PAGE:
In his analytical article “Succumbing to the bogey of fear” (April 26 ), Anup Surendranath has raised valid points on the Supreme Court’s verdict in Devender Pal Singh Bhullar’s case, confirming his death sentence on a narrow ground that differentiates terrorists and other prisoners on death row.

The Constitution should remove the power of the President/Governor to pardon those sentenced to death by the Supreme Court and replace it by a provision for review by a Bench of, say, nine or 11 judges of the Supreme Court. The review judgment should be final and enforced by the authorities. The question of delay in carrying out the death sentence will not arise.

G.M. Rama Rao,


The author is right when he says “The extremely strong suggestion that the cause of protecting the constitutional rights of ‘terrorists’ must not be espoused is unbecoming of the Supreme Court of the world’s largest democracy.” Denying a citizen the protection of the Constitution just because he denies its legitimacy amounts to taking revenge, not doing justice.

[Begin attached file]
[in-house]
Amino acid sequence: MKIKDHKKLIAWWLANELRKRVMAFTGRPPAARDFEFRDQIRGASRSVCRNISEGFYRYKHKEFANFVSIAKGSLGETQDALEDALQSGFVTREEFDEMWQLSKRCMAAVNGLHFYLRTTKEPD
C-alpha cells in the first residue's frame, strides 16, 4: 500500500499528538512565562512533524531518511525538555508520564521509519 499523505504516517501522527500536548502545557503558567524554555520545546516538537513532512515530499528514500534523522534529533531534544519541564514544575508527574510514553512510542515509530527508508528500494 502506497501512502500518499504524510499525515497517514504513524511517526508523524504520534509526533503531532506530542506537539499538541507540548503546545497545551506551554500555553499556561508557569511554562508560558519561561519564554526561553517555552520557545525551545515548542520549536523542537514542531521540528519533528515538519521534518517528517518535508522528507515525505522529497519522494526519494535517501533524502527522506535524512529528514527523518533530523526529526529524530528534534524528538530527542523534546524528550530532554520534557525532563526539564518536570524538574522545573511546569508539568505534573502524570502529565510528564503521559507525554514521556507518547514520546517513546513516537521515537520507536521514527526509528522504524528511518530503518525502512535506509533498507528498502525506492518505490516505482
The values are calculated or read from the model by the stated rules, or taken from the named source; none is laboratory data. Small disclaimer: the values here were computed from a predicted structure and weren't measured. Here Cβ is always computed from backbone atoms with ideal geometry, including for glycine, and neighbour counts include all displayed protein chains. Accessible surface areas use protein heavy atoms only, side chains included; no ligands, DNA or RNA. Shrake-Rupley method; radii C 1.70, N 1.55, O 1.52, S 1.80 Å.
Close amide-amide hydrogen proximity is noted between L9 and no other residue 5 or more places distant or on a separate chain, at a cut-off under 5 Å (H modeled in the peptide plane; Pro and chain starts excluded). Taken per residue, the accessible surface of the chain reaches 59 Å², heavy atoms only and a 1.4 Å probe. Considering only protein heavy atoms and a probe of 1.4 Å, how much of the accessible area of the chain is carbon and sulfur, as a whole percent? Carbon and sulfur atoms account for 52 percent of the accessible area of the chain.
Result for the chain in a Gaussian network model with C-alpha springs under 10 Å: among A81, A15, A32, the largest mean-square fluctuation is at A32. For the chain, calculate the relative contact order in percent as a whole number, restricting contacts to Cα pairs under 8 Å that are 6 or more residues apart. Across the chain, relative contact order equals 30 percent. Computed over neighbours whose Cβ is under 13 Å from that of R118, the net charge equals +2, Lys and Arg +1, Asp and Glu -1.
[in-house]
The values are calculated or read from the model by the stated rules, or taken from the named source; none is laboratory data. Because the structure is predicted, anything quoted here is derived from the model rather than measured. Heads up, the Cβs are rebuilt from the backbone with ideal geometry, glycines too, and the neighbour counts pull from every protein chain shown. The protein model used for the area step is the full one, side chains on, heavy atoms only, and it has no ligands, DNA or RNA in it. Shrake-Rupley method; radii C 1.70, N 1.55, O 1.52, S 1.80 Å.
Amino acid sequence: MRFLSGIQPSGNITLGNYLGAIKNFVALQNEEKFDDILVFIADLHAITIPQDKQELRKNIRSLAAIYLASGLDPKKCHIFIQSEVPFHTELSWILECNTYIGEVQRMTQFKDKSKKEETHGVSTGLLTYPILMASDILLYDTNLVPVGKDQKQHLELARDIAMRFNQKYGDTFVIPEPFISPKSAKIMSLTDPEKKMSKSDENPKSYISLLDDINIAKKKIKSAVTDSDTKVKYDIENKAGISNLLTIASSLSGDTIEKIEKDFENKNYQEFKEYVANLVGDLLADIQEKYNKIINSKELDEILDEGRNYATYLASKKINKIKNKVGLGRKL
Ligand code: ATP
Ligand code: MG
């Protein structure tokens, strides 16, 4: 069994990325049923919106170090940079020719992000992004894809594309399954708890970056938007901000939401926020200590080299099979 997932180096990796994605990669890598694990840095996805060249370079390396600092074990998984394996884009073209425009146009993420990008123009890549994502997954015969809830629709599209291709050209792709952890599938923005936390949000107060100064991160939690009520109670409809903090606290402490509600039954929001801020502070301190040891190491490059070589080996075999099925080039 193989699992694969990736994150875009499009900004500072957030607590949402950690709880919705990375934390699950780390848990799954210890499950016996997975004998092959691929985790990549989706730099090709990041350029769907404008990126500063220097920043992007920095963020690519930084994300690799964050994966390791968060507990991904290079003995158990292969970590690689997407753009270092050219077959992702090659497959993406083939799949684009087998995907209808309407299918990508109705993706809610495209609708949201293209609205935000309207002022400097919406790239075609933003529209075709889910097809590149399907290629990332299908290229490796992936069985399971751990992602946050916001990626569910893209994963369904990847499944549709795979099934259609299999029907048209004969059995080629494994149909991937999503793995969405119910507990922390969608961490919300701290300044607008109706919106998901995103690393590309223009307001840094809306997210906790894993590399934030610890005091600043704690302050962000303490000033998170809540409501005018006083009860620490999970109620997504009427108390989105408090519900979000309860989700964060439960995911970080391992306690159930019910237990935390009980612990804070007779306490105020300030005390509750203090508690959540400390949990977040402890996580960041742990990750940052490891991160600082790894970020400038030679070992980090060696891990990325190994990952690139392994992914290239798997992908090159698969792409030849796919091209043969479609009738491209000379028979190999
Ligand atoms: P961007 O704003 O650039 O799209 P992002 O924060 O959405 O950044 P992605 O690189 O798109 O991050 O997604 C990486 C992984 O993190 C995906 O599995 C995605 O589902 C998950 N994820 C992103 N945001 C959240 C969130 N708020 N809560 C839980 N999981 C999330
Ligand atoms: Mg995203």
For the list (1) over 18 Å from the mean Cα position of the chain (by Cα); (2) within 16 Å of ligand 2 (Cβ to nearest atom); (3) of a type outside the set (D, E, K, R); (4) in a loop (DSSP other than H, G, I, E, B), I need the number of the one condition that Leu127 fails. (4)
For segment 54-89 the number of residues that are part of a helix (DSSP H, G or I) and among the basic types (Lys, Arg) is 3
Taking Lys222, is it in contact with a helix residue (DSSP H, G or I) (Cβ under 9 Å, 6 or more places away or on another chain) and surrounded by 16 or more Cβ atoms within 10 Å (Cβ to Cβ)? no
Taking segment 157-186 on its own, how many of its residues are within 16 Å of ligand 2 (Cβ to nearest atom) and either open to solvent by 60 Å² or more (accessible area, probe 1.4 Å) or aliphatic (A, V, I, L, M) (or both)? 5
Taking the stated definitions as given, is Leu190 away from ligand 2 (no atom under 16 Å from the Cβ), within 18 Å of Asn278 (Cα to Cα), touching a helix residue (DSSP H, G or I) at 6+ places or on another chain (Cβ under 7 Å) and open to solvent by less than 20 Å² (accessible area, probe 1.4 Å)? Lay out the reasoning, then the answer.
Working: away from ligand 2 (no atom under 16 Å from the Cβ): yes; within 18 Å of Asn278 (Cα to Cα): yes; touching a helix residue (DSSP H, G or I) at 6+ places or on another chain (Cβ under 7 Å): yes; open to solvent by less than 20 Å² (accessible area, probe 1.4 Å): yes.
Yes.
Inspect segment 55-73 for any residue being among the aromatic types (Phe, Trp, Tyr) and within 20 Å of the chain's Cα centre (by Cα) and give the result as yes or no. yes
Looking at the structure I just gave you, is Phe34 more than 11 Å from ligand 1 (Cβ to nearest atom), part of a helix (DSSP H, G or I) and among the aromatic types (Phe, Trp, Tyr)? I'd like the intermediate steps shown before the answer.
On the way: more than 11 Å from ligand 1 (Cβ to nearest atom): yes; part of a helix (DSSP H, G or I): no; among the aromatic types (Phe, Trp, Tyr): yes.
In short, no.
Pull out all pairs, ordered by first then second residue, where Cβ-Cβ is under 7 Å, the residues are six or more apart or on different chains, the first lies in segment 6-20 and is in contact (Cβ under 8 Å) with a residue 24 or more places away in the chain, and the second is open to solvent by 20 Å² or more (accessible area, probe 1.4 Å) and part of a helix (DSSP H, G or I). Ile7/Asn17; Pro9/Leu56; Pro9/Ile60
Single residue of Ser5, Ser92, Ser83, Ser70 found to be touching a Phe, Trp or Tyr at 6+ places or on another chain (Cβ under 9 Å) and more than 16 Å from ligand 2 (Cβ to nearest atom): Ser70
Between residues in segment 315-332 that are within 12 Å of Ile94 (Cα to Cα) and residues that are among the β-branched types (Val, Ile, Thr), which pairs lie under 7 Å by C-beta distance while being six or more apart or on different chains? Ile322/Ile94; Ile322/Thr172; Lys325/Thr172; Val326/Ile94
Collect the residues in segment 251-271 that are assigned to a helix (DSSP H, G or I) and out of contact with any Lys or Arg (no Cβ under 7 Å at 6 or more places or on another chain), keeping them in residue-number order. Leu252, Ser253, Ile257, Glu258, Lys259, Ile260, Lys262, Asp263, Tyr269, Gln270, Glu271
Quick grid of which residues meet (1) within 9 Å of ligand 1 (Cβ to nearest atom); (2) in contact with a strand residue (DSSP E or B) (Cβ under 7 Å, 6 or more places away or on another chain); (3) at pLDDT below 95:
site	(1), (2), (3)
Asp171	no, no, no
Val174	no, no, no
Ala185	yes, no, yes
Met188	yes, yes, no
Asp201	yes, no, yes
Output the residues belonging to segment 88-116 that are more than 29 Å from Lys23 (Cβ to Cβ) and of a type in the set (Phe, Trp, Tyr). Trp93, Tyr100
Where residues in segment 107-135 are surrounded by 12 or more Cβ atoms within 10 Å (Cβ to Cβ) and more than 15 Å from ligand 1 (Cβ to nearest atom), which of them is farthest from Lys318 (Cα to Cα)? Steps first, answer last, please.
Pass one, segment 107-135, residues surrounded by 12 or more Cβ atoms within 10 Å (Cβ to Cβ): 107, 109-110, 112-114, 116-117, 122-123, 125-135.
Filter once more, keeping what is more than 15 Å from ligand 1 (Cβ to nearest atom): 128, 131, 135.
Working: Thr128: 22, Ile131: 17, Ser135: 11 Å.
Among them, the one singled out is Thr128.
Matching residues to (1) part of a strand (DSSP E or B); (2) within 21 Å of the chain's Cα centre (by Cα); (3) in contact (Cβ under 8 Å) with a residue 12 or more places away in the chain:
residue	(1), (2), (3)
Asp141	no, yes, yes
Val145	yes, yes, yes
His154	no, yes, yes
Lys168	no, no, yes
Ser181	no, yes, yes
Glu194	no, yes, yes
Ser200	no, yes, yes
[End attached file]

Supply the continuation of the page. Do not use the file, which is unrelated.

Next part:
Baikadi Suryanarayana Rao,


The rarest of rare cases should be viewed on a case-by-case basis and the Court is doing precisely that. A system that has uniform rules for all death row convicts on commutation is not desirable.

M.S. Sagar Reddy,


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